Michael Wisniewski wrote:
I'm just starting to jump into freeipa/ldap, and have another question
about it. Basically, you have LDAP, which from everything I read, is
just a directory server. It's sole purpose is like a phone book.
Integrated (or on top of) ldap, you can have authentication. There's
kerberos, smb/ldap, etc...
Now, my question is when you add something like "smb/windows"
authentication, do you just add a field in LDAP so it stores the
password hashes (and other windows stuff)? When you "extend" the
schema, is all you're doing is adding the fields to the ldap database
to allow the storage of this? If this is the case, what prevents a
malicious user from dumping the hashes to the passwords?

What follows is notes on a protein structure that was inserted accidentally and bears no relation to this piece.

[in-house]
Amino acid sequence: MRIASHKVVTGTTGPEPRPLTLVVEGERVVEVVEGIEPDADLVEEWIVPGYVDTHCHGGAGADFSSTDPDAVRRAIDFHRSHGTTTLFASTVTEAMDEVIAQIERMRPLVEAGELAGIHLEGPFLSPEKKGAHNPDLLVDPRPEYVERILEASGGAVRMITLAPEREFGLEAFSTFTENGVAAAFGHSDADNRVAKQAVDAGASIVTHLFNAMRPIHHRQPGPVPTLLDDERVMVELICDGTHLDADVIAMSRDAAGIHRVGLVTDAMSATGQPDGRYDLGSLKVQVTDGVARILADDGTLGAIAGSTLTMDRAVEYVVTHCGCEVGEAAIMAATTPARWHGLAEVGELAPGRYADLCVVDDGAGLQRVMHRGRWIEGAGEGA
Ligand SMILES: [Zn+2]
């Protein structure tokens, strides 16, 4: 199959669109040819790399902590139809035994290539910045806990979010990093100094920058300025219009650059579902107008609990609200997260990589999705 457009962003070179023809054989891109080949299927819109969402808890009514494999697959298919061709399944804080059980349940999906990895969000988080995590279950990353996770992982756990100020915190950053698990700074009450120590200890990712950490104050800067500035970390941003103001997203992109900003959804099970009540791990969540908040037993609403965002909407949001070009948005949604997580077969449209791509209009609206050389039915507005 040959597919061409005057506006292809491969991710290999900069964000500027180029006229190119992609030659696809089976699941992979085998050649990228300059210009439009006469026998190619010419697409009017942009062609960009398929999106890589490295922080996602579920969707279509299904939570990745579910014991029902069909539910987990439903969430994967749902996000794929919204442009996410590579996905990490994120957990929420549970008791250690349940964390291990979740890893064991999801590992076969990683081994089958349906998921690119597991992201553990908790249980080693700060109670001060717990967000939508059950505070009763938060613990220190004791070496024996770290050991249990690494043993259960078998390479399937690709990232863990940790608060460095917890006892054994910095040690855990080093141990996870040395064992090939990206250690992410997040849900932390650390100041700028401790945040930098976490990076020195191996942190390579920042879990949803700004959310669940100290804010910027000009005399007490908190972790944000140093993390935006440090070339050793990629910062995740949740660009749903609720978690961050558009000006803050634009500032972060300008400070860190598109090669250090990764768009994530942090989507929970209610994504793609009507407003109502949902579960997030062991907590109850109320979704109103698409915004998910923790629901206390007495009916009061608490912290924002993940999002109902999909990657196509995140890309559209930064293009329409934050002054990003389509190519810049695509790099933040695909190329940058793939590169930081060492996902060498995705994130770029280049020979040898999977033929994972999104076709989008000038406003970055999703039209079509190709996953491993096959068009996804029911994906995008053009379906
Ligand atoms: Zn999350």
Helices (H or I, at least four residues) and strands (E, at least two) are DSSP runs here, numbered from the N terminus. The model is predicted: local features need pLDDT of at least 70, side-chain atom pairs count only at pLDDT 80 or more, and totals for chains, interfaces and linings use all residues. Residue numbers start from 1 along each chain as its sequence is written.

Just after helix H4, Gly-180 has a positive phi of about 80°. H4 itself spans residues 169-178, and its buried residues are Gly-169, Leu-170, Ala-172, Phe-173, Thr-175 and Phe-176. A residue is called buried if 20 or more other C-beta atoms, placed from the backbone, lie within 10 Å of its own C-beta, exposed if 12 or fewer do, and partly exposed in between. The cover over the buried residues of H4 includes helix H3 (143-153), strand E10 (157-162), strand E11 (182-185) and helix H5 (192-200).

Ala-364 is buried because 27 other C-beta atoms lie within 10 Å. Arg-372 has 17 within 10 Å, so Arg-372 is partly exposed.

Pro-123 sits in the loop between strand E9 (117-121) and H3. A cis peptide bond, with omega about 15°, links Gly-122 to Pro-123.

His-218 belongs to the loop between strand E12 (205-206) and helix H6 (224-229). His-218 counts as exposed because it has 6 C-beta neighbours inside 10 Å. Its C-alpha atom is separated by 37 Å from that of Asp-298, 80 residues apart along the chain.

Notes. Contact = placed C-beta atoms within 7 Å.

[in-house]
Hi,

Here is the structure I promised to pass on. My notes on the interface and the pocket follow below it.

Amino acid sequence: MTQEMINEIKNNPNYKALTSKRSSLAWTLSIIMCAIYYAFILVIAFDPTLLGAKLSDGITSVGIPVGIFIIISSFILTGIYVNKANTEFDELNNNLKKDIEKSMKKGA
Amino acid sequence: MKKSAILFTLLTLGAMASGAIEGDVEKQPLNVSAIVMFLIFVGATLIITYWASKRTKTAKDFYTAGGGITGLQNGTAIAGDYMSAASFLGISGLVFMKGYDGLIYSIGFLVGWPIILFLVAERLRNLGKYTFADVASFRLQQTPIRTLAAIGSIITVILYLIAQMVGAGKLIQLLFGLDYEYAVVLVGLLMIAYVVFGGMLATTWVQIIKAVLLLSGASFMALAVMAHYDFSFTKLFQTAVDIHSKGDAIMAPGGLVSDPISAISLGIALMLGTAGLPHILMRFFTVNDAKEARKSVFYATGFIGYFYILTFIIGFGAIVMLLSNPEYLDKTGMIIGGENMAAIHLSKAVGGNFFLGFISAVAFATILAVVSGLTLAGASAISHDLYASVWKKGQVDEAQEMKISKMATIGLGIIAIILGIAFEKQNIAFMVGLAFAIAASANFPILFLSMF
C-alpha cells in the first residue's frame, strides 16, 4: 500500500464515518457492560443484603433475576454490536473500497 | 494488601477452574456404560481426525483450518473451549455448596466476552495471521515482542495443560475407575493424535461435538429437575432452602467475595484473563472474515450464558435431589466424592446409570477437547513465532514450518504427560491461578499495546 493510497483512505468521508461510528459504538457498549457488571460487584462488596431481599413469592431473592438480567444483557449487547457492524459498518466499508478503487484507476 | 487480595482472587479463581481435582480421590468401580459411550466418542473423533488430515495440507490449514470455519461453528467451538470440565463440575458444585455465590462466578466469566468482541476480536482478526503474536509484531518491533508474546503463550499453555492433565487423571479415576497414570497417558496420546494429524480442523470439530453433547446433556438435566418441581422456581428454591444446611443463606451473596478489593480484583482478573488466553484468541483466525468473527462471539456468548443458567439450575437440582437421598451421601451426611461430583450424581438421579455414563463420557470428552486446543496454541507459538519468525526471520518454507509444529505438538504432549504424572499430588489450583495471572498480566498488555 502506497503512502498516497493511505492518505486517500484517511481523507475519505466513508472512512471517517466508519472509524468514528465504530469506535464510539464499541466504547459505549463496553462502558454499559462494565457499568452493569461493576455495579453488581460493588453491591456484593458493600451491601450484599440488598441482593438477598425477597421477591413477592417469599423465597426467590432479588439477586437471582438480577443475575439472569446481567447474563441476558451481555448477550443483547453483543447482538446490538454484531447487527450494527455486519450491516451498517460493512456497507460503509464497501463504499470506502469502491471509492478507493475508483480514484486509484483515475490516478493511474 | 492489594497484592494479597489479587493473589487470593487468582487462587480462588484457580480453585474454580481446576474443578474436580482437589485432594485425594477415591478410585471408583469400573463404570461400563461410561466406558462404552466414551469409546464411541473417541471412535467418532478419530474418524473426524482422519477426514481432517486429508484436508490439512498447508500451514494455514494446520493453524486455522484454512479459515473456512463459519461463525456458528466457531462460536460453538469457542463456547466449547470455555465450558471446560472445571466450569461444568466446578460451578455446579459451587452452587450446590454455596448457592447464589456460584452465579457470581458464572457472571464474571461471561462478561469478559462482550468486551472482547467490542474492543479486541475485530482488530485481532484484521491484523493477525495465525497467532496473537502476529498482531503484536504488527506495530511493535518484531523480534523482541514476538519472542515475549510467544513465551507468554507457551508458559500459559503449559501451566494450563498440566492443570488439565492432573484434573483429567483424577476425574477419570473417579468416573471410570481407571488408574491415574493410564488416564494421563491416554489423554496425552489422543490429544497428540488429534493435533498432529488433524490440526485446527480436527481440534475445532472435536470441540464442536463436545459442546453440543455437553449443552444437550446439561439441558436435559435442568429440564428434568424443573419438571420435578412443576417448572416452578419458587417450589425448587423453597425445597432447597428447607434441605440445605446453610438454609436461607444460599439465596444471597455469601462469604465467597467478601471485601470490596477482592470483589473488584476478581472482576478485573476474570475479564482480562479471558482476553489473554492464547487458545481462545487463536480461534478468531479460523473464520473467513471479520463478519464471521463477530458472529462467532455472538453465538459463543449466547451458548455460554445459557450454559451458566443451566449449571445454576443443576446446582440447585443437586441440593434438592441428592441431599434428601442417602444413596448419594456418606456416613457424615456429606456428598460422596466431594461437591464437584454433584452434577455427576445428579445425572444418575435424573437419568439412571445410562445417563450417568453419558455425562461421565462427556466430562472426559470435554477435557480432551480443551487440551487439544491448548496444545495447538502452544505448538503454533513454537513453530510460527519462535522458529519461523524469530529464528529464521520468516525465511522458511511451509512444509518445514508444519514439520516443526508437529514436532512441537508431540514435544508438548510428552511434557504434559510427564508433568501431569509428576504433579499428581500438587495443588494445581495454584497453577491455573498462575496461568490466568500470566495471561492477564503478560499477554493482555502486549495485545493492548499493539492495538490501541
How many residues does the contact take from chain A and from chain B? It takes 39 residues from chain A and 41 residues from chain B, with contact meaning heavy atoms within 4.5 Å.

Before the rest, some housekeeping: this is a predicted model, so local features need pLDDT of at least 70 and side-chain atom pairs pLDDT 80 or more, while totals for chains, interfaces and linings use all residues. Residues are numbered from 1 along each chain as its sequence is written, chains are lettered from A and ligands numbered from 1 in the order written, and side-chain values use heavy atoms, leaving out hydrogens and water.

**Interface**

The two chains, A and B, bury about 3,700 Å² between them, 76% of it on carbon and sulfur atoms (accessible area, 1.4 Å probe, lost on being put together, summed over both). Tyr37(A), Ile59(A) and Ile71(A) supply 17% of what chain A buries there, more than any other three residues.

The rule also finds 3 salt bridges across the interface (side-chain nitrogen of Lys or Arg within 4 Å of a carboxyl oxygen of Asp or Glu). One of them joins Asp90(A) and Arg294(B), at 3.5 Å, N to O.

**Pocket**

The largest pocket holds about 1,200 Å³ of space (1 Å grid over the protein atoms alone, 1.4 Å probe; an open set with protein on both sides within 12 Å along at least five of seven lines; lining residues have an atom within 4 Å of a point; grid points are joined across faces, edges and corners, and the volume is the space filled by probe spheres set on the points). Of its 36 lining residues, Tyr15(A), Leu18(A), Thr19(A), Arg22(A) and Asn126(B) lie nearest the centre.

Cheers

Schema is sort of a 2-step process. Step 1 is to tell the directory
server about the schema at all. This can be done offline by dropping a
schema file into a filesystem directory or online by uploading the
schema. Either way this just tells the LDAP server about the new
objectclasses and attributes available and their syntaxes.
Step 2 is to add those objectclasses and attributes to entries. An
objectclass tells which attributes are available to any entry, some of
which are mandatory. Think of an objectclass as sort of a building block
that adds more capabilities to an entry.
There are access controls that manage who can do what. A typical user
can write their password but cannot read it (e.g. you can't see the
hash(es)). A typical user cannot see anyone else's password info and
can't write any other records.
I know this is really a basic question, but it would help me
understand how all this works.
IPA will eventually hide most of this sort of detail so you can focus on
managing your users and not on dealing with attribute-level stuff.
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